The early pioneers of Socialism built the Clarion House to be a non-profit making co-operative with any excess money to be used in spreading the word of socialism. The Clarion (meaning – to proclaim loudly) was to be the instrument by which their message would be spread, uniting the world under one banner of socialism, peace and harmony. The first site was at Thorneyholme Square and the second at Nabs Farm before the third, and last, Clarion House was built in 1912, funded by a loan of £350 from the Nelson Weavers Association under the direction of the trustees of the Nelson Independent Labour Party Land Society. It was built in a place recognised for its natural beauty and scenic qualities. The history of the Clarion House is encapsulated in a book written by Roger Brown and the late Stan Iveson, titled: “Clarion House – A Monument to a Movement”.

The Clarion is a vision of the future, a vision of a socialist society, a commonwealth, based on co-operation and fellowship, not conflict and material greed.

There is a magnificent view to the North. Celebrated Pendle Hill is to the immediate North West, Blacko Tower and Weets Hill to the North East and a few miles to the East, Boulswourth Hill towers over the Pennine Way. The Clarion is situated in its own grounds within the “Hidden Valley” and is surrounded by a myriad of public footpaths. There is a 40K walk, The Clarion House Way, that links the Nelson Clarion House and the two former Clarion Houses at Burnley and Colne.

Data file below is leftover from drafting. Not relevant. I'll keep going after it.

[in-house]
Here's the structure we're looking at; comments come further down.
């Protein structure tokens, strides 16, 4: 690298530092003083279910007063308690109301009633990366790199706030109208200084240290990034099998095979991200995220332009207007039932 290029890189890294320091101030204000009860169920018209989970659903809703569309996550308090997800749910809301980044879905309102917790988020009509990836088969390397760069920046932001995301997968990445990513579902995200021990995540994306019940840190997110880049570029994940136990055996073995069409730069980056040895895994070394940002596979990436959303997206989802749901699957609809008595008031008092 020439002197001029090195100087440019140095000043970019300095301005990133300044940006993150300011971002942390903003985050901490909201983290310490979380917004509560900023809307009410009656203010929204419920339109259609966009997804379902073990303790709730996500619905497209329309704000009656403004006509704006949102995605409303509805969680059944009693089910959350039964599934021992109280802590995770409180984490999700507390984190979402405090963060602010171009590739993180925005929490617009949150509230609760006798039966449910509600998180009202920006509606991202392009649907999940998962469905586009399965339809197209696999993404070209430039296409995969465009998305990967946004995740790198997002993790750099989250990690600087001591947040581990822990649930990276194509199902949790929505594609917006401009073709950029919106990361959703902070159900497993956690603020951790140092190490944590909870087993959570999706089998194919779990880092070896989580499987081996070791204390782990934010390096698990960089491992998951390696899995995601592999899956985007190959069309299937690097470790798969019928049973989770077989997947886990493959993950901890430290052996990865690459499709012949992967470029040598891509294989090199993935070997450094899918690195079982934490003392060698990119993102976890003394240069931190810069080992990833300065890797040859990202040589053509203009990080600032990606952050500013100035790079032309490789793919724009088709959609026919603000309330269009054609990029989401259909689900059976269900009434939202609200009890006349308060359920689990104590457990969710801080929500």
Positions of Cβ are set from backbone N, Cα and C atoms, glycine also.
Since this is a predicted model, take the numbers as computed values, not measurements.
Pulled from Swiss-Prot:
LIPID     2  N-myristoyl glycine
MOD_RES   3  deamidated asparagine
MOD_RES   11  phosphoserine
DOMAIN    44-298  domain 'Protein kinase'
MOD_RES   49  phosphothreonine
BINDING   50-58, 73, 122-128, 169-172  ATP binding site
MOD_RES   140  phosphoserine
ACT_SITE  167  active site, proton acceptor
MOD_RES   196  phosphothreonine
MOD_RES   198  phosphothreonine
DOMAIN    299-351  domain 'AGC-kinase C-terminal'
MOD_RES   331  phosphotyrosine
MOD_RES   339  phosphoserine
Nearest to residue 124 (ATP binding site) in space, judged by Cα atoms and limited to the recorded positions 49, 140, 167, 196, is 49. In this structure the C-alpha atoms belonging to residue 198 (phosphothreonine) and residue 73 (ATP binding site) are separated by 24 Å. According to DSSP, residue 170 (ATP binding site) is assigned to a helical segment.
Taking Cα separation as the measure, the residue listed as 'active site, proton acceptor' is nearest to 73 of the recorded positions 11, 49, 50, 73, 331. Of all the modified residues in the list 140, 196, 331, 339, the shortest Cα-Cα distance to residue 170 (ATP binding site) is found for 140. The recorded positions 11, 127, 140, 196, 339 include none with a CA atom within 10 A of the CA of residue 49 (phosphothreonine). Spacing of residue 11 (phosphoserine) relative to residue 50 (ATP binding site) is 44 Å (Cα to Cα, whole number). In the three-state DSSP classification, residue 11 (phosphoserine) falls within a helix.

A memorial stone commemorating the 100th anniversary of the start of the First World War has been sited close to the statue of Alice Nutter.

A plaque dedicated to Maurice Waine (1929-2009) has been positioned in the bus shelter, and has the quote “once met, never forgotten”.

Listed Buildings in Roughlee

There are nine Listed Buildings in the parish, as follows:

Roughlee Old Hall, off Blacko Bar Road. NGR: SD8446440429. 6/209. Listed 01/04/1953. Grade II.

House with cottage extension to left. Late C16. Stone. Stone slate roof. H-shaped plan with hall and cross wings. Gabled wing to left is altered with sash windows and plain door. Stone inscription attached to gable, partly illegible but said to read, ‘This house was built by M.N. in the year of Our Lord, 1536’. Hall has two central plain doors inserted into a 9-light window, with one 3-light window either side and drip labels over. 1st floor has one 6-light window, one 4-light window, originally 6, and one 2-light window. Right-hand gable wing has modern door and one 8-light window on each floor, 2 central lights of upper window are blocked and both have drip labels over. All original windows have round headed lights and stone mullions. Projecting chimney on right.